Bette Davis Biography





Born: April 5, 1908
Lowell, Massachusetts
Died: October 6, 1989
Neuilly-sur-Seine, France

American actress

Bette Davis was one of Hollywood's greatest actresses. In her sixty-year career in films she won two Best Actress Academy Awards and was a finalist for eight others.

Early years

Ruth Elizabeth Davis was born in Lowell, Massachusetts, on April 5, 1908, the eldest daughter of Harlow Morrell Davis, a lawyer, and Ruth Favor Davis. She was called Bette as a child and kept the name throughout her career. After her parents divorced in 1916, she and her sister, Barbara, moved frequently throughout New England with their mother, who was pursuing a photography career. Both girls attended boarding school in the Berkshires and went to high school in Newton, Massachusetts. Bette started acting in plays and taking drama classes while she was in school. She graduated from Cushing Academy, in Ashburnham, Massachusetts, with an idea that she might try acting. But she received little encouragement, as she was not considered very beautiful. She had made up her mind, though, and she headed for New York City.

Slow start to career

Davis enrolled in John Murray Anderson's drama school and found some work with George Cukor's acting company in Rochester, New York. She also worked at the Cape Playhouse in Dennis, Massachusetts, as an usherette (a female guide who escorts people to correct seats in theaters or in other events) and a bit-part player. Her first major role was in a stage production of The Earth Between (1928). After a brief tour in The Wild Duck, Davis reached Broadway. The comedy

Bette Davis. Reproduced by permission of AP/Wide World Photos.
Bette Davis.
Reproduced by permission of
AP/Wide World Photos
.
Broken Dishes opened in November 1929 and ran for six months. That led to a 1930 production of Solid South, after which she failed a screen test in Hollywood.

Davis was also tested at Universal Studios and hired, even though studio executives were not very supportive. She appeared in two films in 1931, Bad Sister and Seed. The critics ignored her in both. Davis got a break when she was offered a part in The Man Who Played God. She received good reviews and a long-term contract from the Warner Brothers studio. This began a series of films with Warner, mostly unremarkable and insignificant, but critics began to notice Davis's talent and unique quality. Davis began to claw her way to the top of the film world. She fought for and won the right to appear in another studio's production of Of Human Bondage. Suddenly, the world was introduced to a brilliant new actress.

Success arrives

Warner continued to cast Davis in poor-quality films, with two exceptions. Playing a failed actress who tries to murder her husband in Dangerous, she won her first Best Actress Academy Award in 1935. She also appeared with Humphrey Bogart (1899–1957) and Leslie Howard in The Petrified Forest in 1936. Growing disgusted with the studio's offerings, Davis refused any more roles. The studio suspended her. She sued, which shocked the movie world. Although Davis lost her battle in court, Warner Brothers apparently got the message—they paid her legal fees and began offering her better roles. Her performance in Jezebel (1938) won her a second Academy Award.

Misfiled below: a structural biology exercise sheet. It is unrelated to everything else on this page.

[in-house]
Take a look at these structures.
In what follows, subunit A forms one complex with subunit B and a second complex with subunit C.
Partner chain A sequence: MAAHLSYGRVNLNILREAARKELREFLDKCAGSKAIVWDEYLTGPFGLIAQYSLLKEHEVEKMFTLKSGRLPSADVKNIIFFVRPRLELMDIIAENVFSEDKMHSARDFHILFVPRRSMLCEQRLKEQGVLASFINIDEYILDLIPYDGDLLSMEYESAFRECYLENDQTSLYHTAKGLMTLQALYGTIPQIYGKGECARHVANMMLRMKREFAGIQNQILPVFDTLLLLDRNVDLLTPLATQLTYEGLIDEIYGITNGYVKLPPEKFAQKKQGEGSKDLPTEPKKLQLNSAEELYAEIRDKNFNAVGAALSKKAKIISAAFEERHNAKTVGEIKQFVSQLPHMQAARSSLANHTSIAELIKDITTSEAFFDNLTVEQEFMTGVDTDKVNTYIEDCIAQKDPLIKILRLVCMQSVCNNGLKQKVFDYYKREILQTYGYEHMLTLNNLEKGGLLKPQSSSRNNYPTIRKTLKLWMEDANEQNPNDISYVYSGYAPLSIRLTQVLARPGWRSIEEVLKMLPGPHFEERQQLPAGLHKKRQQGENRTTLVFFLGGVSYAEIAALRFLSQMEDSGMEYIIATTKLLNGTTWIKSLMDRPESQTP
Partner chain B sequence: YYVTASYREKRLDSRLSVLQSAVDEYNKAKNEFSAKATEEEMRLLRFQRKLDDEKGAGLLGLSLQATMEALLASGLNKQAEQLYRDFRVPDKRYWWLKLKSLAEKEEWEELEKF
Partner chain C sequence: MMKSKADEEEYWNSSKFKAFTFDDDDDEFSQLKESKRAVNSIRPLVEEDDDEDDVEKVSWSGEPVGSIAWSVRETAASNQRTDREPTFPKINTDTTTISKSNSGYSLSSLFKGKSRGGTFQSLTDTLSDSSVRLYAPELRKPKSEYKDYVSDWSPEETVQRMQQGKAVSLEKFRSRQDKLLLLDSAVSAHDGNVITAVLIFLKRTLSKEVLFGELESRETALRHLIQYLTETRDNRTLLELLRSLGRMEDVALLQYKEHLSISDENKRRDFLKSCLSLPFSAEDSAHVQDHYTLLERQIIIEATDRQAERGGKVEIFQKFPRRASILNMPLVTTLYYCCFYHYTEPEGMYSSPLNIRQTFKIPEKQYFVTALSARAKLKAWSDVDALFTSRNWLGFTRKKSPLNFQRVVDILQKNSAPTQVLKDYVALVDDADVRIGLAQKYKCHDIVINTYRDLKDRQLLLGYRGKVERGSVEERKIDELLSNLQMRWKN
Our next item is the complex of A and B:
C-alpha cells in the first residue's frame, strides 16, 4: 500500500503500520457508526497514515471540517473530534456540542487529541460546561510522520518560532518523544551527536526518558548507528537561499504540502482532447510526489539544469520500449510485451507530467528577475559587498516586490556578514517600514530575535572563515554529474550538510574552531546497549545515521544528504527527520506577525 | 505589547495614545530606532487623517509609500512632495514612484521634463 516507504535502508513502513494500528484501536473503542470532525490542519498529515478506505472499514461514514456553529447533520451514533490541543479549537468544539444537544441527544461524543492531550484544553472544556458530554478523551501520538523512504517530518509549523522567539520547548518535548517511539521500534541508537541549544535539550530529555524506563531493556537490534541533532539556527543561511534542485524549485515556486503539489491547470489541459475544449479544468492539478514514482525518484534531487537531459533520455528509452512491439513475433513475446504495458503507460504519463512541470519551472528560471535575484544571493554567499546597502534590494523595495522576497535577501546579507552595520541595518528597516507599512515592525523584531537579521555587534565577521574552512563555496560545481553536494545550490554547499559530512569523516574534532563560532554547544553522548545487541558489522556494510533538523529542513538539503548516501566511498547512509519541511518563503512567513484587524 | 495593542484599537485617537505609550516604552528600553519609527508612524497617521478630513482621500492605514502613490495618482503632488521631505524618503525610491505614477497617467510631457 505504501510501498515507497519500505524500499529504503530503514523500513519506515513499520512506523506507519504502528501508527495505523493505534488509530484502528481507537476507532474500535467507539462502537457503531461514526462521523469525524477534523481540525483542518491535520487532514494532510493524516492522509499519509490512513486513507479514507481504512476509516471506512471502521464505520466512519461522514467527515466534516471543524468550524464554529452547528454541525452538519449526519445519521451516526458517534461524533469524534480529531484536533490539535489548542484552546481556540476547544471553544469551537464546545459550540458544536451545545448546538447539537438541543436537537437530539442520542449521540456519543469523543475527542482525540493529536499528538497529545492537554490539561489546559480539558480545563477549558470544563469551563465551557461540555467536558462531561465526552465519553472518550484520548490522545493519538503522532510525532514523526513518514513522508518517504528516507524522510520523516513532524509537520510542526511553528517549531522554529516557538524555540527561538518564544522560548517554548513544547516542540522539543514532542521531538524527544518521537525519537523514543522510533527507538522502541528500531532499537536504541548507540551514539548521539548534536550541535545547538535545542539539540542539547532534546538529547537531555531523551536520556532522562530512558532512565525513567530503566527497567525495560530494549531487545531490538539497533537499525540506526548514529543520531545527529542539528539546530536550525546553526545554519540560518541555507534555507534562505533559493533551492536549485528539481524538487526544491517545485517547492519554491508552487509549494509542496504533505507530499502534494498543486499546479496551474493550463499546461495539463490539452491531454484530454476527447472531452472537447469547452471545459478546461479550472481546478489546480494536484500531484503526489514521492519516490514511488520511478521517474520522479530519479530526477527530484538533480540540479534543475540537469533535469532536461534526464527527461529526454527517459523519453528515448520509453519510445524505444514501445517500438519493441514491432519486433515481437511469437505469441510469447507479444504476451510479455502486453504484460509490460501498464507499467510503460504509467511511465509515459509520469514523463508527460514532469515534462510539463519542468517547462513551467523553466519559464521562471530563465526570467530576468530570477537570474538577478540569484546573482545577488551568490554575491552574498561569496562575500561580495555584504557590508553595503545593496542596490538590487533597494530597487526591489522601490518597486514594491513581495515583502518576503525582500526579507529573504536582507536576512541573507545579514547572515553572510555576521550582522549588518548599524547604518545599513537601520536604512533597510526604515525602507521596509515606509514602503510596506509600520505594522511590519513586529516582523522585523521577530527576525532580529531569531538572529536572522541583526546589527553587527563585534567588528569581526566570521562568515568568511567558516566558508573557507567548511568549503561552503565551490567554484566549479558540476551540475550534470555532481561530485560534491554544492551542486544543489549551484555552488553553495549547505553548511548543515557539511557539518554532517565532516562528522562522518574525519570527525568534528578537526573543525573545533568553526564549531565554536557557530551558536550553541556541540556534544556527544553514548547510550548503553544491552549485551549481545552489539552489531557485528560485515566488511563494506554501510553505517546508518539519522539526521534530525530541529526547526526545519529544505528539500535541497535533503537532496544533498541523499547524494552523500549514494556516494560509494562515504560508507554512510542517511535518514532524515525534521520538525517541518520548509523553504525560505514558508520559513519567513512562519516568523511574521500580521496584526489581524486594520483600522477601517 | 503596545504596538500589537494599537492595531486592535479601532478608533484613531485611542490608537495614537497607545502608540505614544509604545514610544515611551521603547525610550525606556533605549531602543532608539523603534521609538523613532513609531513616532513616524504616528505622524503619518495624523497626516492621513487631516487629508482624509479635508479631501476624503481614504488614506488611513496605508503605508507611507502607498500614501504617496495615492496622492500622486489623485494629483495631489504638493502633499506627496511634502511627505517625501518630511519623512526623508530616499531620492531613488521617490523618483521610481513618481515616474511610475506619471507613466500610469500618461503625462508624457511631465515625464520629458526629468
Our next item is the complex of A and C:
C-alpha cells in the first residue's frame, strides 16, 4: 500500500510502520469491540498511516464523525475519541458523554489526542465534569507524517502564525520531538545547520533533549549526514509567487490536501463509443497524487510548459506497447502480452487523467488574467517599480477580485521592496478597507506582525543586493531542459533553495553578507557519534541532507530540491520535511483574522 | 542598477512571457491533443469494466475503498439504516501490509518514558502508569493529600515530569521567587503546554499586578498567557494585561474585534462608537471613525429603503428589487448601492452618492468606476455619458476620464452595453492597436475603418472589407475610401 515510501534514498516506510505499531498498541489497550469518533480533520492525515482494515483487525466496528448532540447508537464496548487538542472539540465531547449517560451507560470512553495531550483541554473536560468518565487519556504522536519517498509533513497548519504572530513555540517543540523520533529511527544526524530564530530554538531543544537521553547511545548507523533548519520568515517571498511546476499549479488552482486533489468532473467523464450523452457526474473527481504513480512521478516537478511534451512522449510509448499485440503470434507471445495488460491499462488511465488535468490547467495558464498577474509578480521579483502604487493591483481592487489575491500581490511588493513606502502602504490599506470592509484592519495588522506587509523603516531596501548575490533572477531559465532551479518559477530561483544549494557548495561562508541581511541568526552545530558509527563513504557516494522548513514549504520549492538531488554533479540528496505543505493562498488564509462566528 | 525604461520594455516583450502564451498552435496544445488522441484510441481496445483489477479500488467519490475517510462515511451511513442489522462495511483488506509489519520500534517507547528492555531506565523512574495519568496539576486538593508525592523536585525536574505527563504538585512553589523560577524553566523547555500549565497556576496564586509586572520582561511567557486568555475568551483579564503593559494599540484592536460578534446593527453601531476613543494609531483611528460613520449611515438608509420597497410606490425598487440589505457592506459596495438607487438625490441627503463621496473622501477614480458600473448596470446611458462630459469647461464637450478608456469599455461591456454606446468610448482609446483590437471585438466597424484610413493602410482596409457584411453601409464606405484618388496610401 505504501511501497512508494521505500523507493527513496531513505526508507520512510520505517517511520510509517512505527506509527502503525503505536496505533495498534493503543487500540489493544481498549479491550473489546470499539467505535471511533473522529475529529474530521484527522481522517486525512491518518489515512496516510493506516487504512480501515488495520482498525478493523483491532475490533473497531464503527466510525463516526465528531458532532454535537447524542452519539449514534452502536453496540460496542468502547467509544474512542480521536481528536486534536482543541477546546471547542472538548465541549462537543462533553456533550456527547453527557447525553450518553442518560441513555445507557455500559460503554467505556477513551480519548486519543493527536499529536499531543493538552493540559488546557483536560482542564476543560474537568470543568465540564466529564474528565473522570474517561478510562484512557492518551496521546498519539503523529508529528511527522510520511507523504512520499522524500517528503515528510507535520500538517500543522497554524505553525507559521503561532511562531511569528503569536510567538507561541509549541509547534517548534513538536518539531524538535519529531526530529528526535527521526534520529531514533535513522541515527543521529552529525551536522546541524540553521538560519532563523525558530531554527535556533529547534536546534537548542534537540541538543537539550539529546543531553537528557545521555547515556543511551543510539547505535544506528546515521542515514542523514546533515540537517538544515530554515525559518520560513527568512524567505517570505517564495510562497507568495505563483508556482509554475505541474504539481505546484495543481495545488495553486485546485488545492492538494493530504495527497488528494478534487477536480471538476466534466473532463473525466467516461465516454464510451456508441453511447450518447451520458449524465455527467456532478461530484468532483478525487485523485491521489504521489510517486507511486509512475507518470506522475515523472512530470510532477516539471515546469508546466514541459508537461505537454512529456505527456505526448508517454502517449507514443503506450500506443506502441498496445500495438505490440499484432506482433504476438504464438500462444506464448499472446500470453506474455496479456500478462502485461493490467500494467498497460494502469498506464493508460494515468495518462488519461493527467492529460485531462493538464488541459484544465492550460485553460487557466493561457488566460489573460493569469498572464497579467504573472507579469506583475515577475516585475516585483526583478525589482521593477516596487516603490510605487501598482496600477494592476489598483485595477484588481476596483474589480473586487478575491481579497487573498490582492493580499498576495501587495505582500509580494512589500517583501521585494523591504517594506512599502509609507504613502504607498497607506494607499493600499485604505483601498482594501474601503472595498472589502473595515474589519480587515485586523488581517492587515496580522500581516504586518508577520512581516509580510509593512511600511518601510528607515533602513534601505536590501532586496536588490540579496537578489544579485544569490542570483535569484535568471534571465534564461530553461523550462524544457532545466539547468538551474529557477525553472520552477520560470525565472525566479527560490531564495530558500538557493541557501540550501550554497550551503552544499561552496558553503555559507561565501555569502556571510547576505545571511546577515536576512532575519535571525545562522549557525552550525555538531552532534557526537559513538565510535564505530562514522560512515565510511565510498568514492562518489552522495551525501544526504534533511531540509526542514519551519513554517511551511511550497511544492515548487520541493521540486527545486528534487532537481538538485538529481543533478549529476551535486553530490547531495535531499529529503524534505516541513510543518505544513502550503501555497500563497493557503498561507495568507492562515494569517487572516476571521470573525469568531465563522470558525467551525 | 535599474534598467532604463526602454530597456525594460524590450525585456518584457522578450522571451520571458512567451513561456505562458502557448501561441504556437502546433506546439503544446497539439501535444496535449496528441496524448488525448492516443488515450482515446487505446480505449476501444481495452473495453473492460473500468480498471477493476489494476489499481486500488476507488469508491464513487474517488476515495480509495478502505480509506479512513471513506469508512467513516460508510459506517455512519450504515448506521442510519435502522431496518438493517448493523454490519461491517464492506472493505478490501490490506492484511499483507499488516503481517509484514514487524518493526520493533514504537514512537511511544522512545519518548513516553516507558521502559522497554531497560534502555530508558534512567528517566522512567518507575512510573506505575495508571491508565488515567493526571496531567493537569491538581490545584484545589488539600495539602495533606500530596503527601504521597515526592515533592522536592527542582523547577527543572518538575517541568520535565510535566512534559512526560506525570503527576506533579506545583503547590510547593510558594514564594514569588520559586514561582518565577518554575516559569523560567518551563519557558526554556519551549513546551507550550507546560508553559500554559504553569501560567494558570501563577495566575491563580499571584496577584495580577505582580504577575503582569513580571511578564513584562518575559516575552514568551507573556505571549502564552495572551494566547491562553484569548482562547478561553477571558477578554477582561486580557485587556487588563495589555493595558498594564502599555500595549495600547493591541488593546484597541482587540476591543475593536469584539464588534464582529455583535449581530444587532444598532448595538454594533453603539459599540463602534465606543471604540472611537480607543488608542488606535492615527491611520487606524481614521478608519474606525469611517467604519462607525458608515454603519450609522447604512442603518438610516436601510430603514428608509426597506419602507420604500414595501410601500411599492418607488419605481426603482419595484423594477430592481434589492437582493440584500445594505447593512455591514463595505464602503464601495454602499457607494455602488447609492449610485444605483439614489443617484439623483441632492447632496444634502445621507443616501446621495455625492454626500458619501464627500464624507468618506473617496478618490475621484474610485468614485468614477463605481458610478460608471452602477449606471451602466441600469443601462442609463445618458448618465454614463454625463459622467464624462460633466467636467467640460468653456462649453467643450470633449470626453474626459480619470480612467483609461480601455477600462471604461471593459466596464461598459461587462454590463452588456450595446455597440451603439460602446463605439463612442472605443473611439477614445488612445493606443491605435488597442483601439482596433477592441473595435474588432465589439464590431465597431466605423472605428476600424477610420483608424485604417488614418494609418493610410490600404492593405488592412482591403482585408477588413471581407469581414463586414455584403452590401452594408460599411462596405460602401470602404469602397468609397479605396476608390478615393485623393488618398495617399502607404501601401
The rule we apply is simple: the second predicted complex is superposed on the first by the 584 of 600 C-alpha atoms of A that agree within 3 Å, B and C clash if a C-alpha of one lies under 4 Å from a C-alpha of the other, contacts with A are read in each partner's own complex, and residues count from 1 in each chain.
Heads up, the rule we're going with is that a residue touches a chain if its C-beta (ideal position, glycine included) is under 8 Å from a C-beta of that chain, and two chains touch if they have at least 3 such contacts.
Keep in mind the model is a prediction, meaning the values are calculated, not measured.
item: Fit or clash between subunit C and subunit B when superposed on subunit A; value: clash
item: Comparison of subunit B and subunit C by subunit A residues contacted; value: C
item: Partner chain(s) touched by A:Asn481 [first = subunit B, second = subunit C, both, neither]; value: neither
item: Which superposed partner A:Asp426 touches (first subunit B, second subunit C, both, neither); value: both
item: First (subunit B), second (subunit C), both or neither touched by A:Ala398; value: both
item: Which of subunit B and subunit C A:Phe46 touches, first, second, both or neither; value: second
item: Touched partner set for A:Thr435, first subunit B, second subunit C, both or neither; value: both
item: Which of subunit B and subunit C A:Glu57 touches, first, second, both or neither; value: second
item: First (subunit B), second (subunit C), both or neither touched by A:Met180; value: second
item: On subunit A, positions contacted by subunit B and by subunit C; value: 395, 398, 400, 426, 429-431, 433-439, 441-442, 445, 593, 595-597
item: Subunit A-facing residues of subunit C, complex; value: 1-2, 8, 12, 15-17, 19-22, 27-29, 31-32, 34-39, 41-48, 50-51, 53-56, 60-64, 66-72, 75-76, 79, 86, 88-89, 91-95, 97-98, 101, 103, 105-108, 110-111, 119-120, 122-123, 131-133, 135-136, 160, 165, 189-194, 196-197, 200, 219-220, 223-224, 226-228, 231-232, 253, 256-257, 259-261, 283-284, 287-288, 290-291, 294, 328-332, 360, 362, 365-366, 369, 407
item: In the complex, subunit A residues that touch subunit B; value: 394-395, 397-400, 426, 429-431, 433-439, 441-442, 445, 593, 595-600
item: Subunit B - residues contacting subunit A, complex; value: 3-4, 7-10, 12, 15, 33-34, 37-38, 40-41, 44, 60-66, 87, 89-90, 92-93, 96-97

By the end of the 1940s, Davis's career seemed to be slowing down. But she came through with a great performance in All About Eve (1950), winning the New York Film Critics best actress of the year award. After a number of films in the 1950s, Davis's career seemed to slow down again. But in 1962, Davis appeared in the smash hit Whatever Happened to Baby Jane?, acting opposite Joan Crawford (1904–1977). This was followed by Hush, Hush, Sweet Charlotte in 1965.

Later years

During the 1970s and 1980s, Davis continued to appear in films, mainly on television. She also appeared on many talk shows, delighting her audiences by her refusal to give in to old age. She was the fifth person to receive the American Film Institute's Life Achievement Award in 1977 and the first woman to be so honored. In 1979 she won an Emmy Award for Strangers: The Story of a Mother and Daughter.

Davis wrote two books about her own life, The Lonely Life (1962) and This 'N That (1987) (the second of which answered charges by her daughter that Davis was an alcoholic who had abused her children). She was also married four times. In the last five years of her life, Davis suffered from cancer and had several strokes. She died on October 6, 1989, in Neuilly-sur-Seine, France. She had just attended the San Sebastian Film Festival in Spain, where she had been honored for a lifetime of film achievement. In 1997 her son Michael created the Bette Davis Foundation. A year later he awarded American actress Meryl Streep (1949–) the first ever Bette Davis Lifetime Achievement Award.

For More Information

Davis, Bette, and Michael Herskowitz. This 'N That. New York: Putnam, 1987.

Hadleigh, Boze. Bette Davis Speaks. New York: Barricade Books, 1996.

Spada, James. More than a Woman: An Intimate Biography of Bette Davis. New York: Bantam Books, 1993.



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